What Do We Not Know About Eyewitness Identification?

Research output: Contribution to journalArticle

Abstract

Wells (1993, this issue) suggests that recent advances in psychological knowledge may lead to improvements in the procedures used by the police in conducting lineups and photospreads. This optimistic appraisal of what psychologists can tell the police prompted a brief reappraisal of a more pessimistic review (McCloskey & Egeth, 1983) of what psychologists can tell a jury. Although research on eyewitness testimony continues to accumulate and to improve in quality, there seems to be little reason to think that psychologists can help juries understand the effects on eyewitness identification of such factors as arousal, weapon focus, unconscious transference, prior exposure to mugshots, or cross-racial identification.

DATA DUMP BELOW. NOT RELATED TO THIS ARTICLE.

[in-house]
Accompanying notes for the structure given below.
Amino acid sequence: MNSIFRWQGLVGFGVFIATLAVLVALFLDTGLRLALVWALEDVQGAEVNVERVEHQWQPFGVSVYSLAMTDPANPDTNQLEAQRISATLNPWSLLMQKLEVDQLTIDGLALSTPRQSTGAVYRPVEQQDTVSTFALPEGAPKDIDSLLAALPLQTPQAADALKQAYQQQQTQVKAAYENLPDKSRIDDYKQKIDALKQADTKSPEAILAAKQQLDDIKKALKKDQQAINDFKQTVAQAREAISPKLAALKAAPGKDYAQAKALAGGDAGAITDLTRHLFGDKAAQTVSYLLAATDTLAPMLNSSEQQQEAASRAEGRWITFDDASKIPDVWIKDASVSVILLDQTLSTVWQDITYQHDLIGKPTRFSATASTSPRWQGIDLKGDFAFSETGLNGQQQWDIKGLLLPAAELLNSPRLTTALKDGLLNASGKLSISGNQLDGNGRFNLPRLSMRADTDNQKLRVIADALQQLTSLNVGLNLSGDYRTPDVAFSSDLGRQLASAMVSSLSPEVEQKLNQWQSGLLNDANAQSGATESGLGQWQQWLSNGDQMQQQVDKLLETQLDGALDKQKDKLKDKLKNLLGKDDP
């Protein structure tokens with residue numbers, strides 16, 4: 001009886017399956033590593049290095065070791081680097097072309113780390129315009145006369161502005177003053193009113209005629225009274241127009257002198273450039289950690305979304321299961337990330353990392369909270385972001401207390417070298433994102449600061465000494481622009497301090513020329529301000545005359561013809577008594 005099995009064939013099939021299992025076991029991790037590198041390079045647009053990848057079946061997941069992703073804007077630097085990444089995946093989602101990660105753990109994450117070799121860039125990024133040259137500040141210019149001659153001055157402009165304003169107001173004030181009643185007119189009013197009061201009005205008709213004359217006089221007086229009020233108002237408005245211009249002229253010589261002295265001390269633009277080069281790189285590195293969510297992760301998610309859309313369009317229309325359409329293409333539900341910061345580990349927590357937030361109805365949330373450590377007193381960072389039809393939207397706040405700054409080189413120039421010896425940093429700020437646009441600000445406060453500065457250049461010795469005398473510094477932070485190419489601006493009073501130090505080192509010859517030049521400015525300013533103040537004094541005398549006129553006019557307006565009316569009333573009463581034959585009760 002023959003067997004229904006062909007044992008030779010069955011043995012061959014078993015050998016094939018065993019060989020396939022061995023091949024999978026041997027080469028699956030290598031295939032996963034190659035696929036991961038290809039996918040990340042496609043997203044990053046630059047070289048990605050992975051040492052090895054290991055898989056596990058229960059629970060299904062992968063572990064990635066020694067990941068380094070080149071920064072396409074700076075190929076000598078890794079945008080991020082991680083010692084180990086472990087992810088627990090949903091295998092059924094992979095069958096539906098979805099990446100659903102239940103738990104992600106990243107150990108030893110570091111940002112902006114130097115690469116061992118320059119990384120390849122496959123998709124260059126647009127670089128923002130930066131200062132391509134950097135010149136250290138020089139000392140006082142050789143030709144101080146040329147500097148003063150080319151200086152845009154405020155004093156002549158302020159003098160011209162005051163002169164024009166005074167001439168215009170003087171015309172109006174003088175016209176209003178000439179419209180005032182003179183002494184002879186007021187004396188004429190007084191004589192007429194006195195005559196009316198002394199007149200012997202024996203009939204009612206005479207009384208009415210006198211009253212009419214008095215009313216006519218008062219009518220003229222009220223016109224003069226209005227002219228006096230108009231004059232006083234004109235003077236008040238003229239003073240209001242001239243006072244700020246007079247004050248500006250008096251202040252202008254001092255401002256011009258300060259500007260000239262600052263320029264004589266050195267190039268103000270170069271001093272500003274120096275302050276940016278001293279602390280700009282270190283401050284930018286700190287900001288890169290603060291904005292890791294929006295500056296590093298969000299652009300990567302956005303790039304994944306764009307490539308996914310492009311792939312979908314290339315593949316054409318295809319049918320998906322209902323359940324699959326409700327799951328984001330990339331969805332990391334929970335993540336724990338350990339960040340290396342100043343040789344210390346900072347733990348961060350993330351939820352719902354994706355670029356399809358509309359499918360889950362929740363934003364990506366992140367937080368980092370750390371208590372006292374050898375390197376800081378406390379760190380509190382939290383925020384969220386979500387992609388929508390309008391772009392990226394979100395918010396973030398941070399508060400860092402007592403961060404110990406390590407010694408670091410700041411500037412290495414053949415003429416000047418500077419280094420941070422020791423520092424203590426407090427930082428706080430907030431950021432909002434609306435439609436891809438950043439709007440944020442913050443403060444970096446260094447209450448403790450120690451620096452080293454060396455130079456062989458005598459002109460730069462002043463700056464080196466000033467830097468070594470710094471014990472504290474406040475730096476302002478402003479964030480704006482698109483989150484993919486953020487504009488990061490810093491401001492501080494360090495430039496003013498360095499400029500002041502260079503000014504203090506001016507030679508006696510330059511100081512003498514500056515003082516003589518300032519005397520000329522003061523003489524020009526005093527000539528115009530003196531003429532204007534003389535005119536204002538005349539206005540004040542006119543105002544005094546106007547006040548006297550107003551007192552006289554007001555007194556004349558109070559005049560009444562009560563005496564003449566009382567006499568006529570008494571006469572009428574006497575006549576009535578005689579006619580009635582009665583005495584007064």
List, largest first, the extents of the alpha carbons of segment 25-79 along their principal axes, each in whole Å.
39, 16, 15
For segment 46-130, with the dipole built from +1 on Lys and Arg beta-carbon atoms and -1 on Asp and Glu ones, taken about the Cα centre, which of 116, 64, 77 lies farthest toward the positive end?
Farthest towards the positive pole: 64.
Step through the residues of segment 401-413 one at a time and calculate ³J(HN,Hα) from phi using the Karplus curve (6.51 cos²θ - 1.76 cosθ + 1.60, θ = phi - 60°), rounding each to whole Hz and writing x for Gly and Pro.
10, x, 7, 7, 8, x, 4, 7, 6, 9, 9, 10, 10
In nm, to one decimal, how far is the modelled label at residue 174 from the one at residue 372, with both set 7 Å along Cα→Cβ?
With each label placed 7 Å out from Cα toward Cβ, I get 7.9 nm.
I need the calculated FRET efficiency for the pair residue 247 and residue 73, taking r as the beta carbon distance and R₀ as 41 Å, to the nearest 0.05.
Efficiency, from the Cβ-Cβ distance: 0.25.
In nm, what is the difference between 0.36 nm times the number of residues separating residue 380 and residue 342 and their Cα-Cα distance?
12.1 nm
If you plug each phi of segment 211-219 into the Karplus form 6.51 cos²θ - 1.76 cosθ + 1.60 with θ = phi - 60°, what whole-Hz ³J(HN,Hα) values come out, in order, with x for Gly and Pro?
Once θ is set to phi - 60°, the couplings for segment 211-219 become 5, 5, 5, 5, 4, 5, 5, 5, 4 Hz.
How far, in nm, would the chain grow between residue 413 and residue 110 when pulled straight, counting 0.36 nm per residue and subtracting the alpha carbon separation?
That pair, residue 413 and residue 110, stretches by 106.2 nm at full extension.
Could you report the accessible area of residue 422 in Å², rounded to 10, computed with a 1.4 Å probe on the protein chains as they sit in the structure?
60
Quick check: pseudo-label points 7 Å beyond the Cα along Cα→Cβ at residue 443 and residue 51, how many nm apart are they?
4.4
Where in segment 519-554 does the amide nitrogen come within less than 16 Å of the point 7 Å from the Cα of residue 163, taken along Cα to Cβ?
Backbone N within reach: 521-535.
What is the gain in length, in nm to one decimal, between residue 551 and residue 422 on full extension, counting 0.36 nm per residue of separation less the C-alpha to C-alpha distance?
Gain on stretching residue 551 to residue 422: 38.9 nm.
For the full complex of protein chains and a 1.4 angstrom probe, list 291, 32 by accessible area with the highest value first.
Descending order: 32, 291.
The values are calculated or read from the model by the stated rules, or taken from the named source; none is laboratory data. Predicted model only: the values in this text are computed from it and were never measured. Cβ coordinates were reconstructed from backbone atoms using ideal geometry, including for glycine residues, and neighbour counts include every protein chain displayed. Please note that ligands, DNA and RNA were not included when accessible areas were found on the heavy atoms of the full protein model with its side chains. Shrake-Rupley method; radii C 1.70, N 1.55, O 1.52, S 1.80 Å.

Original languageEnglish (US)
Pages (from-to)577-580
Number of pages4
JournalAmerican Psychologist
Volume48
Issue number5
StatePublished - May 1993

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Psychology
Police
Weapons
Arousal
Identification (Psychology)
Research
Unconscious (Psychology)
Transference (Psychology)

ASJC Scopus subject areas

  • Psychology(all)

Cite this

What Do We Not Know About Eyewitness Identification? / Egeth, Howard E.

In: American Psychologist, Vol. 48, No. 5, 05.1993, p. 577-580.

Research output: Contribution to journalArticle

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